It must be noted that this conclusion was qualified, with Justice Ball emphasising that the outcome “may well be different if the clause had provided for the payment of a substantial amount by way of liquidated damages.” [3]

It is also worth noting that Justice Ball was influenced by the fact the contract was based on the HIA standard form “specifically drafted for use in relation to residential building work in New South Wales” and that $1 per day liquidated damages was the default position.[4]

He declined to infer that the drafters of the standard form contract intended to adopt a default position that rendered the provision relating to liquidated damages void.

The full judgement can be viewed here.

Implications and questions

The requirement for liquidated damages to be commensurate to the loss of the innocent party has traditionally been applied in the context of the doctrine of penalties to protect contractors from disproportionate liabilities.

Cappello now indicates that liquidated damages in contracts for residential building works must offer a “substantial right” to compensation for the innocent party (and if not, general damages will remain available). Since the liquidated damages, in this case, were patently nominal, Justice Ball was not required to propose a test for what will constitute a “substantial right” (including whether it must be proportionate to or a genuine pre-estimate of the loss that will actually be suffered by the innocent party). However, at a minimum, we know it must be more than nominal.

Justice Ball was also not required to consider whether an aggregate cap on a party’s liability for liquidated damages would be enforceable. However, the same principles may be applied –any cap on liquidated damages in a contract for residential building works under the Home Building Act must afford the owner a “substantial right” to compensation for the relevant breach.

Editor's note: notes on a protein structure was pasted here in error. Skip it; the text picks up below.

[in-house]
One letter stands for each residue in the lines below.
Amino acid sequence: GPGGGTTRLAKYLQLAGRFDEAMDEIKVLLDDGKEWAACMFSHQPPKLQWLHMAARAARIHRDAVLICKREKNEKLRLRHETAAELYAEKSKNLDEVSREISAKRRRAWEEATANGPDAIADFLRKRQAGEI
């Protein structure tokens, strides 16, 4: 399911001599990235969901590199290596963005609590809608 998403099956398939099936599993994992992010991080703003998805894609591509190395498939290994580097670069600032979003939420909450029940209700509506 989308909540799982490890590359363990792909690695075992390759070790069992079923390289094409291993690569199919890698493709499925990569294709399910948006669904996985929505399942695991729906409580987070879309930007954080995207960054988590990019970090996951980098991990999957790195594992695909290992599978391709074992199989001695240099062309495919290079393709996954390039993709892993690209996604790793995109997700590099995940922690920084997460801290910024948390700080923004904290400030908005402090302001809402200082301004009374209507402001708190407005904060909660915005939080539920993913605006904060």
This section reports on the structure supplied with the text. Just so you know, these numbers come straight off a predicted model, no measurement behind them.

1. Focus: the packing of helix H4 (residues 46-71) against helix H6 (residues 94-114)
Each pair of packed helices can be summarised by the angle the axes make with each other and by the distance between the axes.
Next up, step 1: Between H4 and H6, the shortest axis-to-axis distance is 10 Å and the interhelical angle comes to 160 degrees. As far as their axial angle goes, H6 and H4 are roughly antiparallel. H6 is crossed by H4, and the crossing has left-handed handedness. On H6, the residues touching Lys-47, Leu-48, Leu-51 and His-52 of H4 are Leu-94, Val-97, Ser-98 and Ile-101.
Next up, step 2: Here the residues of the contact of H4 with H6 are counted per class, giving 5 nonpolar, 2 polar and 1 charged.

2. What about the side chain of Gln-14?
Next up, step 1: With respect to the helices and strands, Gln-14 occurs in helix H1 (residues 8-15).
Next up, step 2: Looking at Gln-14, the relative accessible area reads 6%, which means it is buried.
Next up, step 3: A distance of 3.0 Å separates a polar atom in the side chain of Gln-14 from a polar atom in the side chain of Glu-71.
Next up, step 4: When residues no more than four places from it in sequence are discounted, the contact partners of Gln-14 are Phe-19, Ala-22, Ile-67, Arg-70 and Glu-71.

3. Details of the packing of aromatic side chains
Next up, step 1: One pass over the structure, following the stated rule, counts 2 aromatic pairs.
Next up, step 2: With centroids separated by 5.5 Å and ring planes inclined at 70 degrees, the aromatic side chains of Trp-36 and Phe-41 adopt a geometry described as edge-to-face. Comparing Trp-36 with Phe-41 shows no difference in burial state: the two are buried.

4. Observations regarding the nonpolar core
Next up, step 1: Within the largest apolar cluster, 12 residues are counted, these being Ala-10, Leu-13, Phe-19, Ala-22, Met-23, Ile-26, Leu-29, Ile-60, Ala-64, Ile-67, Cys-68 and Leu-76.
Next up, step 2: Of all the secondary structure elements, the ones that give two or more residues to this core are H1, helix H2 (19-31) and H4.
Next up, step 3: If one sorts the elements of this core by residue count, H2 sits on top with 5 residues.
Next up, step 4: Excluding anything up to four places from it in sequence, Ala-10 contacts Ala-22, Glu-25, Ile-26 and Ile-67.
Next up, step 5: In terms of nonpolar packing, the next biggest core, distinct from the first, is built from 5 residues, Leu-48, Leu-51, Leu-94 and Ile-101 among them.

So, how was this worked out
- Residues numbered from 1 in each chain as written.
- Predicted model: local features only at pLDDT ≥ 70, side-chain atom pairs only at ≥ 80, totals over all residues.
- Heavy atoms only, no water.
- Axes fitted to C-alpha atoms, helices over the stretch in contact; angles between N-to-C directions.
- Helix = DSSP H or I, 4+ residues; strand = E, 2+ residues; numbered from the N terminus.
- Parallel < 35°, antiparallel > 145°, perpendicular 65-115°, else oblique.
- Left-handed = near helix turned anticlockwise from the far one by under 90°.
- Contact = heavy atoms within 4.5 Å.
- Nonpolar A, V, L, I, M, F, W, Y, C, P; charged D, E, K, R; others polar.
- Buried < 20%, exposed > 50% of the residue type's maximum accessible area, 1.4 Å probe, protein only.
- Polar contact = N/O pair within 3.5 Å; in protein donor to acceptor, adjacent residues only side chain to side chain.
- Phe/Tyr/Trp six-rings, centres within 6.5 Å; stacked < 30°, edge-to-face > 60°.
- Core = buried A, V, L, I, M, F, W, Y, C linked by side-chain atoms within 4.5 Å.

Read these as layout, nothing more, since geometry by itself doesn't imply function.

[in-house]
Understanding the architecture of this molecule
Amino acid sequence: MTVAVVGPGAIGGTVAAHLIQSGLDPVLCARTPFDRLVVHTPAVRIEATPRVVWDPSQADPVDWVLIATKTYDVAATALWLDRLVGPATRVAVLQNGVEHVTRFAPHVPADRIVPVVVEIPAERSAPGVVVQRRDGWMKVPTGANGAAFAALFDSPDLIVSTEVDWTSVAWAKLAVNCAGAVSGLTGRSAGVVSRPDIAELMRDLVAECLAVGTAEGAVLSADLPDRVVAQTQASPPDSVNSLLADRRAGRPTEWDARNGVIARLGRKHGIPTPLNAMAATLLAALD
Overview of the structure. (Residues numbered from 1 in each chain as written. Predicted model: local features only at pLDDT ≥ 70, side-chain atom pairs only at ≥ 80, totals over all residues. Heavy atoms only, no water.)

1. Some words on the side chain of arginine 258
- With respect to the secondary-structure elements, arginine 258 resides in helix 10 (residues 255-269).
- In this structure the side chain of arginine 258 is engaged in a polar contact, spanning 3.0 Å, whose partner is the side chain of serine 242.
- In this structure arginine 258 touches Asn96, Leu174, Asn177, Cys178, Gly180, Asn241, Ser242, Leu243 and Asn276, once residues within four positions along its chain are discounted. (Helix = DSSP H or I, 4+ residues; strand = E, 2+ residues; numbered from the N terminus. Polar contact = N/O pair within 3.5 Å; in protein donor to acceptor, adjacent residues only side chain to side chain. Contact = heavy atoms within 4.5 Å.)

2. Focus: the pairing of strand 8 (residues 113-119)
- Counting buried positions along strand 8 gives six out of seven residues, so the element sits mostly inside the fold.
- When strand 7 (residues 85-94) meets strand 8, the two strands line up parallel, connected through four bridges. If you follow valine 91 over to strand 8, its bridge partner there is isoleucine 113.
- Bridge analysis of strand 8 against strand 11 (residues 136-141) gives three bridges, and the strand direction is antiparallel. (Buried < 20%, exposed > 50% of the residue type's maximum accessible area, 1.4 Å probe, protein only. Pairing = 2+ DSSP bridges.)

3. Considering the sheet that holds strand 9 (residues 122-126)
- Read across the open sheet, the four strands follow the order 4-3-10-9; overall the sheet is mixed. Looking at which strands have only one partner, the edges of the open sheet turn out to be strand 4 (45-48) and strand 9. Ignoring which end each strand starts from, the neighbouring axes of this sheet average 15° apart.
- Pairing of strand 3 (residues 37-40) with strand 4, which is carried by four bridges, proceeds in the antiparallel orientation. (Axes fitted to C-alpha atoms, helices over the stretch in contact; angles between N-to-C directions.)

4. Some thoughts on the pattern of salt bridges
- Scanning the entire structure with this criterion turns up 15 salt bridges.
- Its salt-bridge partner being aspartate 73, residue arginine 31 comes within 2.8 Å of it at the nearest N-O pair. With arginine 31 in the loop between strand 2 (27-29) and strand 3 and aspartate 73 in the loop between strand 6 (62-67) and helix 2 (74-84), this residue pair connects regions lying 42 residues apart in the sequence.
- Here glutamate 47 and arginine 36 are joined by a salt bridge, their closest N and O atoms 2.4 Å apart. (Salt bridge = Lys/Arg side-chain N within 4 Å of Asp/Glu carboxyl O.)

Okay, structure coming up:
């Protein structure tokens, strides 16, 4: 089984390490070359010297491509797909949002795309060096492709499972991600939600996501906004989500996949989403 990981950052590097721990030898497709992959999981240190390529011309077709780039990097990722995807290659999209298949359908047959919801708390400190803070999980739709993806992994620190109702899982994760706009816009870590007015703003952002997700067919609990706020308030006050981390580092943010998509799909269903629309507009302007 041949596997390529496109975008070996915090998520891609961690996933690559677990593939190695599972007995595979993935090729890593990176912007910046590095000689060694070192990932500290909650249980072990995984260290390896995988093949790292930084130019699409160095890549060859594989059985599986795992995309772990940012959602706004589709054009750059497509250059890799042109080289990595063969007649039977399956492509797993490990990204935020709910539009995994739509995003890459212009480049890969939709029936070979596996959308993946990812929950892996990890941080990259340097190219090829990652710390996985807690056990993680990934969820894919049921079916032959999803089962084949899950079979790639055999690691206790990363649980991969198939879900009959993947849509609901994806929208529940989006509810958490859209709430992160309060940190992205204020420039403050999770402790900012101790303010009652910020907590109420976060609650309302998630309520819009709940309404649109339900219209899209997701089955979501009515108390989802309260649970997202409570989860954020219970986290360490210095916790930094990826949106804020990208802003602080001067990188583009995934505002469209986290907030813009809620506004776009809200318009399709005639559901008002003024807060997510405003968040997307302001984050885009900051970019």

In light of Cappello, parties should be aware of the following in contracts to which the Home Building Act applies:

  • an attempt (even through express terms) to preclude the builder’s liability for delay or limit it to a nominal amount will be void;
  • if the parties wish to preclude general damages for delay, they should insert a rate of liquidated damages that offers the owner a “substantial right” for breach of the warranty that the work will be done within the time stipulated in the contract;
  • the default position under the Housing Industry Association NSW Residential Building Contract for Works on a Cost Plus Basis will be interpreted to mean the owner is entitled to nominal liquidated damages plus general damages; and
  • builders performing works under existing contracts based on the default HIA position should be aware of their potential liability for delay and diligently claim extensions of time.

For assistance on all building contract issues, please don’t hesitate to contact Morrissey Law + Advisory for assistance.

[1] Andrews v Australia New Zealand Banking Group Ltd [2012] HCA 30, (2012) 247 CLR 205 at [32]; Paciocco v Australia New Zealand Banking Group Ltd [2016] HCA 28, (2016) 258 CLR 525.

[2] Cappello v Hammond & Simonds NSW Pty Ltd [2020] NSWSC 1021 at [31] (our emphasis).

[3] Ibid at [32] (our emphasis).

[4] Ibid at [30].